3. Create a coin caterpillar to see the different coin types

Creative types will love this challenge. Put five to ten coins in an uneven row. Then place some paper over the top, and use a crayon to rub over the coins. This will create a crazy coin caterpillar. When you’ve finished rubbing over the coins, draw some legs under the coins and add some antennae. Older children might be able to add up the value of each of their caterpillars.

4. Buy something in a shop to grasp the concept of change

Little children are rarely tall enough to see what goes on when their parents are paying for items in a shop. Rather than use a card or contactless device, make sure you’ve got some cash and let them hand over the money. It gives you the perfect opportunity to discuss the concept of change.

5. Start good savings habits early with summer holiday pocket money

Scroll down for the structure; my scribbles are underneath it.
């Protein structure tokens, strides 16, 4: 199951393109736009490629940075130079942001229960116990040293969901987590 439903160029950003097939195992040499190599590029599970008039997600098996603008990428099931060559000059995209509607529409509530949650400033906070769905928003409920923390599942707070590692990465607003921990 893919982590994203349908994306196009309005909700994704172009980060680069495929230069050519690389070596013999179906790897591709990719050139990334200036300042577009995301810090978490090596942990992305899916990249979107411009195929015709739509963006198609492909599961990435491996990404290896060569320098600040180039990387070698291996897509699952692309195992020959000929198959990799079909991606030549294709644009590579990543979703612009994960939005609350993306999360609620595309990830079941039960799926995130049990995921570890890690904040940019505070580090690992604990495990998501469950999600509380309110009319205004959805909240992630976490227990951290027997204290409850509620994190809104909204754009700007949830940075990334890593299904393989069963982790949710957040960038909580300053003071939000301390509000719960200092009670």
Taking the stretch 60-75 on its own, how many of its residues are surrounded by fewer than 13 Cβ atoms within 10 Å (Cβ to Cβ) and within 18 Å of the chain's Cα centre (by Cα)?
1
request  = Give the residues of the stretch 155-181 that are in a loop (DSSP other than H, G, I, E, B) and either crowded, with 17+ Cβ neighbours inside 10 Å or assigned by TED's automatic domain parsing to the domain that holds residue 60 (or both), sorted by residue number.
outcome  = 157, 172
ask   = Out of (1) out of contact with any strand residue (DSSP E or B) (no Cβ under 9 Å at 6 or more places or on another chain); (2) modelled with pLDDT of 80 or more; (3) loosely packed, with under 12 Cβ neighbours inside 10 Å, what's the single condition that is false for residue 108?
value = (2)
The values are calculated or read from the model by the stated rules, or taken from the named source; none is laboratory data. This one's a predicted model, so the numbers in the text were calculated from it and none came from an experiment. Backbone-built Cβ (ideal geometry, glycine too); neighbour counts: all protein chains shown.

Giving children pocket money helps them to have a better understanding of how to budget for items. If you don’t want to commit to year-round pocket money, offer your child a set amount per week over the summer holidays. This allows them to decide whether they save up for something bigger or use it for smaller purchases. Get them to work out the total amount they might have at the end of the holidays as a way to encourage saving. You could add a bonus amount at the end if they manage to save it all.

6. Go supermarket shopping to understand how budgeting works

Supermarket shopping can be stressful with young children. This challenge turns it into something fun. Ditch the online shop and go to a real supermarket. Create a way for your child to be involved in the shop. This could include helping you write a shopping list, or selecting items in-store by looking at the different prices.

Another great task is to shop for a specific recipe, such as a cake or tray bake. The child can calculate the cost of making the cake and then sell slices to family members in their tuck shop.

7. Buy a small wallet or purse and discuss how to look after money